Latest News

Sparkle turns to fizzle for Woods’ playing partners

Remember that chatter about how Phil Mickelson has Tiger Woods’ number now?

Remember how Bubba Golf was all the rage after Bubba Watson twisted the pimento cheese out of a wedge shot from a forest to win the Masters two months ago?

How could you forget? That stuff’s fresher than the mustard in your refrigerator.

Then Thursday at the U.S. Open happened.

Reality got wrenched back into its natural orbit.

Woods, who knows major championships the way Donald Trump knows hairspray, made sure of it.

What was supposed to be this U.S. Open’s glamour grouping – Tiger, Phil and Bubba – turned into a one-man show that felt as familiar as watching a favorite movie for the fourth – or perhaps 15th – time. It’s too early to say we know how this story ends because there’s an abundance of menace spread around The Olympic Club, but the big idea of putting three stars together turned into big numbers for two guys and a big reminder of how good the third guy can still be.

After Woods shot a 1-under-par 69 that seemed as simple as a bowl of cereal, and Mickelson criss-crossed his way to a disappointing 76 and Watson posted 78, the immediate question was whether Phil and Bubba will be around to watch what Tiger does on the weekend.

Don’t count on it. Not the way they’re ripping over-cooked drivers on a course that’s as unforgiving as a calculus final.

For a pairing designed to sparkle, two-thirds of it fizzled.

It was almost awkward at times.

Woods would gunshot another iron shot off the tee, hitting it into the short grass, taking the path of least resistance and then either Mickelson or Watson or both would rip at a driver and watch it go sailing sideways the way Woods has done too often the past two years.

Mickelson talked more to gallery members he hit or nearly hit than he did to Woods. He and Watson practically had to reintroduce themselves to Woods on every green.

The morning, gray and chilly, started badly for Mickelson when his opening tee shot nested in the top of a cypress tree, forcing him to re-tee hitting his third shot on the first hole of the championship. Woods was already standing on the green by the time Mickelson hit a drive he could find.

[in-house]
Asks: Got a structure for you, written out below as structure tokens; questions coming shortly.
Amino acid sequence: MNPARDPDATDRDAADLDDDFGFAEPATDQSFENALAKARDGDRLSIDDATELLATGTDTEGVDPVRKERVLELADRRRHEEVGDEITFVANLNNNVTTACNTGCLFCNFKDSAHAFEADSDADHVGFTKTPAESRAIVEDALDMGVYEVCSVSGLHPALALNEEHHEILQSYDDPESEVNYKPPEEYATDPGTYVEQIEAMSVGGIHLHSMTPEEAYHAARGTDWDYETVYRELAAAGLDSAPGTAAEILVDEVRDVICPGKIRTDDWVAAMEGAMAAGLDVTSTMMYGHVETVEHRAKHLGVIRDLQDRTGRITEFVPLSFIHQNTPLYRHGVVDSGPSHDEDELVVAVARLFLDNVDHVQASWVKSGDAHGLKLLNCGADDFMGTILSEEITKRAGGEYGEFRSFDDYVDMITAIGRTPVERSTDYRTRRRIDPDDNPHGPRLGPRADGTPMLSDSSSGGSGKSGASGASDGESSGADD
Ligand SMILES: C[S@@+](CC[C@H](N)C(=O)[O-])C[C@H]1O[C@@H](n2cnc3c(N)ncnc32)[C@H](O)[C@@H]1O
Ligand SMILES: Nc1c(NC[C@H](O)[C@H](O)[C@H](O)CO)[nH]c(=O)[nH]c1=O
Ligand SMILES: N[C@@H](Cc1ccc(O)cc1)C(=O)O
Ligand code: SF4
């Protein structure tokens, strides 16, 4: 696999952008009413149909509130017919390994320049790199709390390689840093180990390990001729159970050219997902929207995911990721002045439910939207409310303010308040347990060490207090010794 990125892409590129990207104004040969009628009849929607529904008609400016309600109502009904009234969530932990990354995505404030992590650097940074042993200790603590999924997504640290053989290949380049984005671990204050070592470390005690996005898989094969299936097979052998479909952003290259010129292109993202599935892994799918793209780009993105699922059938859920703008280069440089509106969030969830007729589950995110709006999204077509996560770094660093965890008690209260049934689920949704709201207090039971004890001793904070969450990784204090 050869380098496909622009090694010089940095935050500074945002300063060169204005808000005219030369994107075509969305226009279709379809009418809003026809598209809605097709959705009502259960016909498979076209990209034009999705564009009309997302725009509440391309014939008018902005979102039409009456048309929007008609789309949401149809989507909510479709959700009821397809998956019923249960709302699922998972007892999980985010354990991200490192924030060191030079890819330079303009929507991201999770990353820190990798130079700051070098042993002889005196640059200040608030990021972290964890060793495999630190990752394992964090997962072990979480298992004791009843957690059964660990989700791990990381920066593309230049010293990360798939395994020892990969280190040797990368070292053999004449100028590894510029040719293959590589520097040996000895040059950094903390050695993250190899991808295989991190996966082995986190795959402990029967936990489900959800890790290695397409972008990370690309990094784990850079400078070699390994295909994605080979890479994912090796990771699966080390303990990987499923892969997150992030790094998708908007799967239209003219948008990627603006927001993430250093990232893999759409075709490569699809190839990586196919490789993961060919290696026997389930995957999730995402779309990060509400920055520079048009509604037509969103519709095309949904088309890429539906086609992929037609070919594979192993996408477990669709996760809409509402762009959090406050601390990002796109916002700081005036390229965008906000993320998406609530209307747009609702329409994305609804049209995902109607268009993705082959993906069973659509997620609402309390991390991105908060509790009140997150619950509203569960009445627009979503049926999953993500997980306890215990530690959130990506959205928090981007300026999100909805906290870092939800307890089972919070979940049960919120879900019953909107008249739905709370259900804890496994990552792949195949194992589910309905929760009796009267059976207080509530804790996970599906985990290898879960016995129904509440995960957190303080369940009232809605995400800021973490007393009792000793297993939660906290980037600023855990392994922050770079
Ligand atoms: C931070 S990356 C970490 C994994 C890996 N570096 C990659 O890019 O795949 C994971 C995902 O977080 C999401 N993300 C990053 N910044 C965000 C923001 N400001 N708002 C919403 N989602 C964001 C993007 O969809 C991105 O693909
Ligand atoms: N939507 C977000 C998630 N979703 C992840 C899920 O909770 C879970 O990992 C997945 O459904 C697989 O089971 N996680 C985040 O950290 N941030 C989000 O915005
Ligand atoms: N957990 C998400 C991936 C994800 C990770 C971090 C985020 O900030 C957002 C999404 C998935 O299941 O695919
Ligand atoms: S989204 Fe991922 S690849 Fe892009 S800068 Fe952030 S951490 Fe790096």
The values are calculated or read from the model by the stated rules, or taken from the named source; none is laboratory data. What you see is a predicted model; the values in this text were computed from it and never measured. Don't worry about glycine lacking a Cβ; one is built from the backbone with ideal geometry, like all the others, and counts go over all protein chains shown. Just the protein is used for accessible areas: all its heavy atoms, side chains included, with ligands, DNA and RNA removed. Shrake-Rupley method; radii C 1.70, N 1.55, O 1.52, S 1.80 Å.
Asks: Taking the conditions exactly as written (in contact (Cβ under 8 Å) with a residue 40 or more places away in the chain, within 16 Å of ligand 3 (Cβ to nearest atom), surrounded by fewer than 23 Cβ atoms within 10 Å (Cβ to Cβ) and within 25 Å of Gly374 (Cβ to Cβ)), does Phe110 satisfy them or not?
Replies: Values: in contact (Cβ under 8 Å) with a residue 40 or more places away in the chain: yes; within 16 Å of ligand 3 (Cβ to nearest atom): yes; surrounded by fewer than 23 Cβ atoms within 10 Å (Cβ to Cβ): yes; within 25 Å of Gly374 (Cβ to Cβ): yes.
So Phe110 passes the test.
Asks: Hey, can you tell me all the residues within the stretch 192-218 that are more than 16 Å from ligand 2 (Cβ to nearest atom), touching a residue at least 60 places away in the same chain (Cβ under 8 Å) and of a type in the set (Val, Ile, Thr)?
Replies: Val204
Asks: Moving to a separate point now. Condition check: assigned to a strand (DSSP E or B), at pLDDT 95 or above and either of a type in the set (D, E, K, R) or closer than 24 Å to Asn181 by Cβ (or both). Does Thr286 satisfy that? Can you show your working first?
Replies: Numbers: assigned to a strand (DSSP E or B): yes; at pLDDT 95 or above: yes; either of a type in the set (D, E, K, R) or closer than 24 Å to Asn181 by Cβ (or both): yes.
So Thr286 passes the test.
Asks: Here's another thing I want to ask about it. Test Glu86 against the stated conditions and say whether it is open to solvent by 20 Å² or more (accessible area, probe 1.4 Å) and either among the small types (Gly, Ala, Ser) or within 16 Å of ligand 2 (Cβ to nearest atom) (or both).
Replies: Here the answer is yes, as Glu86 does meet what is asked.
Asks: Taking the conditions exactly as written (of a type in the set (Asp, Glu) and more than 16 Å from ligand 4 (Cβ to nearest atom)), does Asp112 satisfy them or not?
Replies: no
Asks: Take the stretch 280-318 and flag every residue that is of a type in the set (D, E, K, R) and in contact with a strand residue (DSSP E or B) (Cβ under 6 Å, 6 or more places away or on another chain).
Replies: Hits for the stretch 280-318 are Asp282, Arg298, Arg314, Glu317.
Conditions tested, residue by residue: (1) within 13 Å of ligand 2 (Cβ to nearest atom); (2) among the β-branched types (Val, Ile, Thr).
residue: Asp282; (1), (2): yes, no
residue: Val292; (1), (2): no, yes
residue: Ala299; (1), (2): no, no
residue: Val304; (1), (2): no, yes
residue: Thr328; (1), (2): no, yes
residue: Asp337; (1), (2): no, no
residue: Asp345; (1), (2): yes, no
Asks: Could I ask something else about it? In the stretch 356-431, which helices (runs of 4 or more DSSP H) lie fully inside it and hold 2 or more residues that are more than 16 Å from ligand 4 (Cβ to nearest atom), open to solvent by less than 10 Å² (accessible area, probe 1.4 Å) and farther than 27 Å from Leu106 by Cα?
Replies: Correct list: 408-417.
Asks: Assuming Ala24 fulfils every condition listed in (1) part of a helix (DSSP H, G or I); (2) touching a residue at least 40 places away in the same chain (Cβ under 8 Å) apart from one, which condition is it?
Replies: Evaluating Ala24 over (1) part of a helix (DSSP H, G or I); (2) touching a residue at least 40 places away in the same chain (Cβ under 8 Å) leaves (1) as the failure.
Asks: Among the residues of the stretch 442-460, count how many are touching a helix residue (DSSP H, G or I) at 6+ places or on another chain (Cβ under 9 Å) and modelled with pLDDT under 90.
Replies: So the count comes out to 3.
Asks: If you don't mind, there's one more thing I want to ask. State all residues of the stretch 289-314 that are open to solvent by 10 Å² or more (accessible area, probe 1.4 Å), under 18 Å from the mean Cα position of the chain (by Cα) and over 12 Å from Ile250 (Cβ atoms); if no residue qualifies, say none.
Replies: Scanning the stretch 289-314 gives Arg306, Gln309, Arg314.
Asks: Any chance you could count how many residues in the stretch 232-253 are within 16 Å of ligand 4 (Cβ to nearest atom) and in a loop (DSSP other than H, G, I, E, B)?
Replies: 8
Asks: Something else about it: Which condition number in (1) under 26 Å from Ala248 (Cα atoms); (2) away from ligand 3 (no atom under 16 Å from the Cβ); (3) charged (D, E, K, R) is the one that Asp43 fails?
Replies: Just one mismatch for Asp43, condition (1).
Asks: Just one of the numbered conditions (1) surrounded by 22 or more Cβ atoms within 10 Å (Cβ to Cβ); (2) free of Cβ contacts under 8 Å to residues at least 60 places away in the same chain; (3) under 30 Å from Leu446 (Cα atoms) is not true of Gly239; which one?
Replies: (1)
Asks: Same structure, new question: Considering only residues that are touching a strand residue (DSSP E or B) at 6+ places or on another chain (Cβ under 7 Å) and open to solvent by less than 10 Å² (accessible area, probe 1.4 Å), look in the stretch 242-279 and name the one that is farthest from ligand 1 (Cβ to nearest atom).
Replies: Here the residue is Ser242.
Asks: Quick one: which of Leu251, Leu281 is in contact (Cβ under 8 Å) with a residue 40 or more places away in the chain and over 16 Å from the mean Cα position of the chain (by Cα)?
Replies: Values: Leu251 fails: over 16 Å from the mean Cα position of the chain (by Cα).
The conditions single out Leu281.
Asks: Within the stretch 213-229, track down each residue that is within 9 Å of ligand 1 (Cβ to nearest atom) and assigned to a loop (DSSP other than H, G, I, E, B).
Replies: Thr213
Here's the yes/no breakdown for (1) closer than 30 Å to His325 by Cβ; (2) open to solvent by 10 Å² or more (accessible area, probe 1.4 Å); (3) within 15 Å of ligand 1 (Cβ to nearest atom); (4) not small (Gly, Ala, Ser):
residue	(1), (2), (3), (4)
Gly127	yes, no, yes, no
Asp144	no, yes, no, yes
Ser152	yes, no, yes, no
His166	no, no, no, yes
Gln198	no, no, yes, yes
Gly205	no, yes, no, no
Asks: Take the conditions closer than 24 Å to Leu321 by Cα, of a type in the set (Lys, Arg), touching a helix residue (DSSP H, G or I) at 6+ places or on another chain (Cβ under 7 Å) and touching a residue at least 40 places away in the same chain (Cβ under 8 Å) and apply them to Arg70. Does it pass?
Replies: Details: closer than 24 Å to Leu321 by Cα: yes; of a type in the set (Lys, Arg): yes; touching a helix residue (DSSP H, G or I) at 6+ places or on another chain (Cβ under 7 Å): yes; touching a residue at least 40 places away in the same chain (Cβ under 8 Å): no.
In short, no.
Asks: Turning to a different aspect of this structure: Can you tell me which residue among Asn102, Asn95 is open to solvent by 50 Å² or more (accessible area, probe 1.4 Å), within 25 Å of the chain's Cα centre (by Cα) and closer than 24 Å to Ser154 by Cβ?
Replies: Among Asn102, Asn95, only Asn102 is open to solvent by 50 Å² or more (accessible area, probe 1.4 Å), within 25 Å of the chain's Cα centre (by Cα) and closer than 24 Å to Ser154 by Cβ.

Like I said, awkward.

Woods had the good manners not to tell Mickelson about the ball he lost in the Wells Fargo Championship last month at Quail Hollow Club. It was never found, but rumor had it a fan ran off with the special souvenir and Woods was not penalized. Mickelson wasn’t so fortunate.

That was just the start for Mickelson. He chunked a chip shot at his second hole (No. 10) and made a 10-footer to avoid a double bogey there. On his third hole, Mickelson three-putted for bogey. By that time Watson was 2 over par and Woods had to be wondering if he’d stumbled into a pro-am pairing.

Mickelson was so pumped by the birdie he made at No. 13, he tossed the ball to a fan on the 14th tee. Lefty then yanked another tee shot right (it was his theme Thursday), bouncing it off a different spectator.

He gave that guy a ball for the bruise he’ll have.

“Hey Phil, next time you can hit me,” a guy said.

“Why don’t you go stand in the fairway,” another guy cracked.

Mickelson just smirked.

“I didn’t play very well, obviously,” Mickelson said. “You could see that.”

If you weren’t ducking for cover.

Watson didn’t get much right either. He seems a man disconnected from his game, his new life as a father and hyper-celebrity having distracted him.

Having finished his chop-shop 78 by lunch time, Watson was asked his impression of playing partner Woods’ opening 69 that glistened like the soft mid-day sun. He found the sweet spot with his response.

“That was the old Tiger,” Watson said. “That was beautiful to watch.”